Apocalypse Now Vs. Heart Of Darkness Essay, Research Paper
Apocalypse Now and Heart of Darkness
Placed in various time periods and settings, the novel Heart of Darkness, written by Joseph Conrad, and the movie Apocalypse Now, produced and directed by Francis Ford Coppola, both create the same mysterious journey with various similarties and differences. The journey?s mystery lies in the scene; it is one down a river by boat, deep in the jungle. The jungle is populated mainly with wild animals and a few natives. The reason for the expedition is to search for a sick man named Kurtz, who is followed by the natives and his men from their previous missions. In Heart of Darkness, the journey to find Kurtz, who is an ivory trader who has gone too deep into the jungles of Africa in search of ivory, while in Apocalypse Now, Kurtz is a high-ranking officer in the military who has disobeyed orders and is now fighting the Vietnam war in Cambodia with his unit in his own fashion. The protagonists in both the novel and the movie go through various changes while on their mission to find Kurtz. Marlow, who is the rookie captain of a ship, slowly begins to envision Kurtz as an immortal figure. In the movie, Willard?s state of mind ranges from being a demented soldier to a crazed assassin. Although they are on the same mission, Marlow and Willard face terribly different factors that affect their journey. The difference of experiences, location, technology, communication, and mindset all affect each character in different ways. Although they may have faced varying environments, in the end the result was the same, Kurtz is discovered as a sick and possibly demented individual. Heart of Darkness and Apocalypse Now are two strikingly similar yet subtly different stories that end in the same fashion.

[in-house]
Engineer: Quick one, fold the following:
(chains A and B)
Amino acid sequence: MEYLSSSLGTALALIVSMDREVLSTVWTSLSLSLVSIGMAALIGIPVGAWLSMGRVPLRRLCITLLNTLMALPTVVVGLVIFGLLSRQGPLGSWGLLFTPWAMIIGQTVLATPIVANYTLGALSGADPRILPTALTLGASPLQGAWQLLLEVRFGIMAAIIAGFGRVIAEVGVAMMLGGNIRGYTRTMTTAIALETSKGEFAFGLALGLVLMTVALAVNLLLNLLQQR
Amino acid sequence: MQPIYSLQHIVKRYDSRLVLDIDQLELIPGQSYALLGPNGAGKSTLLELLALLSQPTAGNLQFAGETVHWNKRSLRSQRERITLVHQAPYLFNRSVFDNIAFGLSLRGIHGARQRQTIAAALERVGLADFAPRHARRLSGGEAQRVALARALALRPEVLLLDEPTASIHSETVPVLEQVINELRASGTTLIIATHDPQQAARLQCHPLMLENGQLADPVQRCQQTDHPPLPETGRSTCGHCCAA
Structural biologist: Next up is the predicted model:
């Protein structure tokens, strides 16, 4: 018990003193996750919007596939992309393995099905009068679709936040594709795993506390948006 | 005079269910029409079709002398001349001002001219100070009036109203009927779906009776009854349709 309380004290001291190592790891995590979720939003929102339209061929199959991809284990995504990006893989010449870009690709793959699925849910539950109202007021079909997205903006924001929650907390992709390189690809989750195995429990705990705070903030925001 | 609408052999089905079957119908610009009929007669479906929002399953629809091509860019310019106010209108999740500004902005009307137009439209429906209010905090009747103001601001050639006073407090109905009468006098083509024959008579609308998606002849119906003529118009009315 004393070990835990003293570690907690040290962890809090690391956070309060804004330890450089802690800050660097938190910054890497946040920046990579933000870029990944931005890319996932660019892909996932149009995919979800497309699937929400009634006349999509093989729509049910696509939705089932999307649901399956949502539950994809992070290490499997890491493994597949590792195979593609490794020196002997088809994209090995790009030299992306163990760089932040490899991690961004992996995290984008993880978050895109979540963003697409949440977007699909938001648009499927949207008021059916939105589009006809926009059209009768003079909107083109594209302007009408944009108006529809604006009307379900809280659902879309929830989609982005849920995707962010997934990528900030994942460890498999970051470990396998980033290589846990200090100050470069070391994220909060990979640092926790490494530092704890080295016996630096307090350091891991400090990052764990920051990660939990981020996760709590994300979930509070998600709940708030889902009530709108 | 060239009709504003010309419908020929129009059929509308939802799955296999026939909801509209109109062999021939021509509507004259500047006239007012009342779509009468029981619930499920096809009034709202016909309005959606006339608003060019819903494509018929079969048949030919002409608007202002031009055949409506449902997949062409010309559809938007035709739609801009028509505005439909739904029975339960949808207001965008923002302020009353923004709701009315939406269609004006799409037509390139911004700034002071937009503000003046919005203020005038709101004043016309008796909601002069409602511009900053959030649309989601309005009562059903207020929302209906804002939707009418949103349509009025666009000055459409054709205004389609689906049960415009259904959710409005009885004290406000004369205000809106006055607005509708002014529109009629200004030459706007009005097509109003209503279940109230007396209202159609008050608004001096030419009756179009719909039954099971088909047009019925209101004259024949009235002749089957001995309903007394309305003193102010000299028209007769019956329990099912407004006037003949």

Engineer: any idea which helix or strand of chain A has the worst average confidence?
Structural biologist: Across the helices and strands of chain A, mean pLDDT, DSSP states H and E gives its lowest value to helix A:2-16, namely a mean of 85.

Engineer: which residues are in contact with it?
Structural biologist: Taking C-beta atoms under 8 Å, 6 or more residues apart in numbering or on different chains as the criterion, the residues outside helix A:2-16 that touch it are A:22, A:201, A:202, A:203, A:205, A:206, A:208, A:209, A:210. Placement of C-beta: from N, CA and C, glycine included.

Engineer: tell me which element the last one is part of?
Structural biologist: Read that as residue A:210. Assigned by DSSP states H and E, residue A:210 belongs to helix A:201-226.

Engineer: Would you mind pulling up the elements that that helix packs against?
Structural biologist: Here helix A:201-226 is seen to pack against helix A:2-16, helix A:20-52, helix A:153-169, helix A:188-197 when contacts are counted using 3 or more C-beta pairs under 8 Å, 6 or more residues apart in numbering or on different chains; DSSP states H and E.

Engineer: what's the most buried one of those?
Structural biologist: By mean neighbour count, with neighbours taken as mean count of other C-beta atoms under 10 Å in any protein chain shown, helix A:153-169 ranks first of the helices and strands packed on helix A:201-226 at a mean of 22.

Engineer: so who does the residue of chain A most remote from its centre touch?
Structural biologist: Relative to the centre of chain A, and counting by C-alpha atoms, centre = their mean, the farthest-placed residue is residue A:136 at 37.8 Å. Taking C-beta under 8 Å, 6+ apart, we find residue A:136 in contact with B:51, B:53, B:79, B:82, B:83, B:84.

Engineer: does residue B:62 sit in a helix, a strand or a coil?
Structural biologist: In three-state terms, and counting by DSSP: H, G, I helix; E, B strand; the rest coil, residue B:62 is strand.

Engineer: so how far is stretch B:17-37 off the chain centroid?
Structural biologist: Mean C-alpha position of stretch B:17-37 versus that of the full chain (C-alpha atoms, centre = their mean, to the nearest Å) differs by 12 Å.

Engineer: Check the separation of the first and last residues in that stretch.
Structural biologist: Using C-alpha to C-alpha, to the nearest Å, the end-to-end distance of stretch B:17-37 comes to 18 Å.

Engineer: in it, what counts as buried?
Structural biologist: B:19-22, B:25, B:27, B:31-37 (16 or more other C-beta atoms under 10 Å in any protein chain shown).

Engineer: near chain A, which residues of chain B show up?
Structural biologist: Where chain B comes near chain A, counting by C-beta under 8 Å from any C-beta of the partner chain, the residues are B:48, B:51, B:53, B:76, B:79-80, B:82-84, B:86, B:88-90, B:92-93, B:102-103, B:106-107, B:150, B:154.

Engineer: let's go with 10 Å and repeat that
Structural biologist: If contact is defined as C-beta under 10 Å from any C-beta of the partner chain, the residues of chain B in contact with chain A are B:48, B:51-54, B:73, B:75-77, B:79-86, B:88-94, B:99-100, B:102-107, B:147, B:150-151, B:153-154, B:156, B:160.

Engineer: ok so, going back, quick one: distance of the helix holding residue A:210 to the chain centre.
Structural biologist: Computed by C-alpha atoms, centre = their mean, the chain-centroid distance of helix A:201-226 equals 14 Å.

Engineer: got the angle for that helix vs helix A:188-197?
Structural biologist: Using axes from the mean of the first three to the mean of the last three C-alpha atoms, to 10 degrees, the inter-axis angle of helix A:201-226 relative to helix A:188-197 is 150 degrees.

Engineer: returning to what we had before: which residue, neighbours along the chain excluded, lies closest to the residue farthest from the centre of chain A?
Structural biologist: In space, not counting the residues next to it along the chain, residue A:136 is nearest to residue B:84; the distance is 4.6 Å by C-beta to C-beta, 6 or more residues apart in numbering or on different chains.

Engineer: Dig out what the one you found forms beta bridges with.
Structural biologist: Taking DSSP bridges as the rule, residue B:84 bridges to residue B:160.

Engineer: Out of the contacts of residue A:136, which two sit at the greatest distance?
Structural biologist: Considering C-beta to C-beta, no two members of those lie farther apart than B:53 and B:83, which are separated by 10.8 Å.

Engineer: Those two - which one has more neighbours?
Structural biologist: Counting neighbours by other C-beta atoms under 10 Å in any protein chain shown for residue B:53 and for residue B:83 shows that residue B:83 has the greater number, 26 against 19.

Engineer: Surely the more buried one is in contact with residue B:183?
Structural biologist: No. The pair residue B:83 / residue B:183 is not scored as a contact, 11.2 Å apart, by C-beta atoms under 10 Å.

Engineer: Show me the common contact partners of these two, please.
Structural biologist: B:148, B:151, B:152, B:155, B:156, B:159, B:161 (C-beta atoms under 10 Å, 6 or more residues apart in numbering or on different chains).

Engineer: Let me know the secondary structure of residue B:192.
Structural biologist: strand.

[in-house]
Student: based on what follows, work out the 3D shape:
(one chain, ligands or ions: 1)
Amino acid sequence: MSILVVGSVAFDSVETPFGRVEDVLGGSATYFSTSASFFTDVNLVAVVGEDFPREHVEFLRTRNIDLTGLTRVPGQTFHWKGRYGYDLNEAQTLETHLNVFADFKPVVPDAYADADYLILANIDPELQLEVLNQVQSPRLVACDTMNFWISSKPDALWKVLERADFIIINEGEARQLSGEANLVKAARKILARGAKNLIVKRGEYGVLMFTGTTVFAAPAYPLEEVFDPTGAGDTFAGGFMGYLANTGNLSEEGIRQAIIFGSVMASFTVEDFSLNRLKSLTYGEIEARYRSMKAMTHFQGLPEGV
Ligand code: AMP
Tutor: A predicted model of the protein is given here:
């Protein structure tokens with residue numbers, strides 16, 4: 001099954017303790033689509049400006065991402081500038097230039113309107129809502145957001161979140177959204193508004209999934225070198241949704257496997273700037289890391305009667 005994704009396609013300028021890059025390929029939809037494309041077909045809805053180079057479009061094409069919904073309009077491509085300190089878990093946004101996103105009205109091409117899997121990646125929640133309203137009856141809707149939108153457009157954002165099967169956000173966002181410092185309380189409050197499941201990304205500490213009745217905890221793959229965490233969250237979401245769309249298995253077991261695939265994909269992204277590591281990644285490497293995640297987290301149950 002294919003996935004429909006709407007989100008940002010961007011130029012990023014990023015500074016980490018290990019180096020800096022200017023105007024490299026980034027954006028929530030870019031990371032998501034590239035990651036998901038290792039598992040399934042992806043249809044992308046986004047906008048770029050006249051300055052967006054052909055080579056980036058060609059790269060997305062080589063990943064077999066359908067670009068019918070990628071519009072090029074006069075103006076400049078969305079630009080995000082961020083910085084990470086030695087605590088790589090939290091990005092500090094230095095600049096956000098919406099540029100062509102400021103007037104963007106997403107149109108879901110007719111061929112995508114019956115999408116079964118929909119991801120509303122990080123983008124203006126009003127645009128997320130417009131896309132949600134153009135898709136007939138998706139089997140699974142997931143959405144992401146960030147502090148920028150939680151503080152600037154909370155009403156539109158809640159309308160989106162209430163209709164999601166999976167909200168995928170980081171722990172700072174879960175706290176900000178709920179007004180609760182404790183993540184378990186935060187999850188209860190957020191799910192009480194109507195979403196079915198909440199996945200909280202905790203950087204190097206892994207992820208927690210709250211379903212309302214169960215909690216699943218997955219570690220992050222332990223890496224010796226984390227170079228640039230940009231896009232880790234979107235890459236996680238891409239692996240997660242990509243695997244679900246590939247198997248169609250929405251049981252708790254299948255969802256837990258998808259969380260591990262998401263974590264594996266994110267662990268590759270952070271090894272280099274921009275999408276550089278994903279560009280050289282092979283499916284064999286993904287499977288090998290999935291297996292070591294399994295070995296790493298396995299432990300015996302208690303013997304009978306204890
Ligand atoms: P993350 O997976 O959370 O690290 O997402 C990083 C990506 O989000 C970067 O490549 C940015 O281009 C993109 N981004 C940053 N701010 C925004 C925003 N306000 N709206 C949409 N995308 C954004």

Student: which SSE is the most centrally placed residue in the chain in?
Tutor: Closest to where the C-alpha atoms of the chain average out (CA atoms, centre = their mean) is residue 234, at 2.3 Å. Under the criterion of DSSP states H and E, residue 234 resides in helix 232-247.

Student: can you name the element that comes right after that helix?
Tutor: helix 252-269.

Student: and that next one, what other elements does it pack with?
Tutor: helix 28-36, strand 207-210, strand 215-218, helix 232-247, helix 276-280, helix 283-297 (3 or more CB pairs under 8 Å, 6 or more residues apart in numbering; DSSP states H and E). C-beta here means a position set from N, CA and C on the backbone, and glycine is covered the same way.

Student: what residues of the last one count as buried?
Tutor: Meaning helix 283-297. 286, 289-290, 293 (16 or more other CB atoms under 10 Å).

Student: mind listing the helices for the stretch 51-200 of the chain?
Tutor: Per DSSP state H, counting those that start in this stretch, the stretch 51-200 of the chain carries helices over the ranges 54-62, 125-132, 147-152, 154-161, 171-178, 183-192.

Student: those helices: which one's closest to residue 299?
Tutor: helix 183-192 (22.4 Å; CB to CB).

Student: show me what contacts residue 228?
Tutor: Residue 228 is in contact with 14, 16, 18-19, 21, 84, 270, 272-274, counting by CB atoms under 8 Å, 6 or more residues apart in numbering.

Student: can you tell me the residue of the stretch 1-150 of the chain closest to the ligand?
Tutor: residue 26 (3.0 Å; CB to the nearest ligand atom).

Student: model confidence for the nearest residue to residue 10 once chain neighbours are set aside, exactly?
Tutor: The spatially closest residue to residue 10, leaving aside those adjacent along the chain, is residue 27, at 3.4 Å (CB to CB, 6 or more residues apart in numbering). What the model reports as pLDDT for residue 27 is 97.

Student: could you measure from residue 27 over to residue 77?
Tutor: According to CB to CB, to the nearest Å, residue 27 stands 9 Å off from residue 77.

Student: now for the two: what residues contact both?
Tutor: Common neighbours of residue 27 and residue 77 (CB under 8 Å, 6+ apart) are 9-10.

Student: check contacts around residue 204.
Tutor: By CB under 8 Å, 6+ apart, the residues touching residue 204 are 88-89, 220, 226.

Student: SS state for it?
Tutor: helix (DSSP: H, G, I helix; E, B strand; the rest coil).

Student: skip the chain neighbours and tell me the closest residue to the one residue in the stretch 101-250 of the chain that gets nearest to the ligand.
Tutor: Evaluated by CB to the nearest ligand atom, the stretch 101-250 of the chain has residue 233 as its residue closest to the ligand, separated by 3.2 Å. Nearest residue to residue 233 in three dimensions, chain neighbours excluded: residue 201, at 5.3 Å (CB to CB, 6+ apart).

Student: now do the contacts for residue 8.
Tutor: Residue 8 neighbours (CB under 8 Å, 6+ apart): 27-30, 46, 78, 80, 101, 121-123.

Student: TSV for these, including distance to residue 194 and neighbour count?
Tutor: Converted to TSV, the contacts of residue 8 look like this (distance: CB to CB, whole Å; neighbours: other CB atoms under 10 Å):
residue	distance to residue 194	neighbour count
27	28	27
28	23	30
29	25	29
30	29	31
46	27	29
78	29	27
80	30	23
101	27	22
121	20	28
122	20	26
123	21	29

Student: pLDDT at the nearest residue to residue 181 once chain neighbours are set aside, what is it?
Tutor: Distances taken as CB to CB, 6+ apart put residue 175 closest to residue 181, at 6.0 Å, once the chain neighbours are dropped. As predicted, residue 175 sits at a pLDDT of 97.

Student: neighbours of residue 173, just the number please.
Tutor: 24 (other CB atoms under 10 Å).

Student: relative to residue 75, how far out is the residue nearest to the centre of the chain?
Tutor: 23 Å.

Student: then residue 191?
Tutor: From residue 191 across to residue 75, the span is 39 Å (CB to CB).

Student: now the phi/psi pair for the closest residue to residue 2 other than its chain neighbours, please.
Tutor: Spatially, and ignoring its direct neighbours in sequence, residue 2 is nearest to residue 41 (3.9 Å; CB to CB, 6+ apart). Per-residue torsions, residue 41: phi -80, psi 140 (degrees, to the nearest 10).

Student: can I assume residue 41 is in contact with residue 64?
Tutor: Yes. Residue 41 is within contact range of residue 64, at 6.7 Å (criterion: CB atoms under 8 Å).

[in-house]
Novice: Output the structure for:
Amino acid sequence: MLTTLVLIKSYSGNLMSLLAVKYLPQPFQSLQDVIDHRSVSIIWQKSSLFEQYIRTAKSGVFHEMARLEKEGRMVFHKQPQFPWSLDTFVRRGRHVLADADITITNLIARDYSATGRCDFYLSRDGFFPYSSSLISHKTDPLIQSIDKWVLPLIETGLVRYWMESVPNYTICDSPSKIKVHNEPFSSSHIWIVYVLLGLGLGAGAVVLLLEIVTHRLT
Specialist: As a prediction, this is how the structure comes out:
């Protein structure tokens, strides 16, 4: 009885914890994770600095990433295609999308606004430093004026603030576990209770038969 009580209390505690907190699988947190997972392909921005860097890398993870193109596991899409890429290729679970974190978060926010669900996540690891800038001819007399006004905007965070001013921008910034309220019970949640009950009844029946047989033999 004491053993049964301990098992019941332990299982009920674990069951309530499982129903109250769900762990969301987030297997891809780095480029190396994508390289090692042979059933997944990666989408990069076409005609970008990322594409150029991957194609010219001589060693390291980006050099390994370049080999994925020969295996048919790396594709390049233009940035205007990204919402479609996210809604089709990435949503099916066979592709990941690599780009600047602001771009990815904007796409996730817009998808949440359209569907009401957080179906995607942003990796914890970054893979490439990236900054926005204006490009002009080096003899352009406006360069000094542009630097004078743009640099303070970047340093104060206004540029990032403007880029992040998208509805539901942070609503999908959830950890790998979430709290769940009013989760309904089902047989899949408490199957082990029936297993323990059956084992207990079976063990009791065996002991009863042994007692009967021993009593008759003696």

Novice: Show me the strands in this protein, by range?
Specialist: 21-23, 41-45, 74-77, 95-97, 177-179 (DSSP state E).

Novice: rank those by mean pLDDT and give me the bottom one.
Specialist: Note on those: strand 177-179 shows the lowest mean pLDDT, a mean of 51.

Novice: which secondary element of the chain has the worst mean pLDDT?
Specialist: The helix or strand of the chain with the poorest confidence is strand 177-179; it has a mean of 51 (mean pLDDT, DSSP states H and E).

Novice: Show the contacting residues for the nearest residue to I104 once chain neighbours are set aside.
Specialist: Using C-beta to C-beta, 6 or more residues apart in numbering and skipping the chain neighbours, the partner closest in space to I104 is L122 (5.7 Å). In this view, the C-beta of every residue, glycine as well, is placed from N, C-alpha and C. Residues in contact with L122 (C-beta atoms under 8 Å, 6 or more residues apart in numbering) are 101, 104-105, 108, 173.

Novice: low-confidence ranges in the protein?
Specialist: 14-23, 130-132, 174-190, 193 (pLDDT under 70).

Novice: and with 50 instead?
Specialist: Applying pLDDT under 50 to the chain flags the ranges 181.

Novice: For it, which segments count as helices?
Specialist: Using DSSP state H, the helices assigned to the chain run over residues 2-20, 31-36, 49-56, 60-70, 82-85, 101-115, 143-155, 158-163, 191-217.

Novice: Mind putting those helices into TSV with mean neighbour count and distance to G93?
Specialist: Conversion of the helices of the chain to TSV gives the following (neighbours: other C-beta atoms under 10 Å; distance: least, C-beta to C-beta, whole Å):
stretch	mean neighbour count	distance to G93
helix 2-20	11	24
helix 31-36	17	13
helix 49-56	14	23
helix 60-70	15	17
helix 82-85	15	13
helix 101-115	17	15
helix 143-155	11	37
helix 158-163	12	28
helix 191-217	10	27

Since Heart of Darkness was based in the 1890?s, Marlow experiences many things due to the lack of modern amenities and modern technologies. For example, a damaged steamer delays Marlow?s journey for almost three weeks. The delay is caused because Marlow and his crew could not get the rivets they needed to fix the steamer. A phone or radio could have helped Marlow fix his steamer earlier and gotten onto the water quicker. Three weeks might have been the difference between life and death for Mr. Kurtz. Another example of a lack of communication is the communication between stations:
Is he alone there? ?Yes,? answered the manager; ?he sent his
assistant down the river with a note to me in these terms:
?Clear this poor devil out of the country, and don?t bother
sending another more of that sort. I had rather be alone than
have the kind of men you can dispose of with me.? It was more than a year ago. (Conrad 100)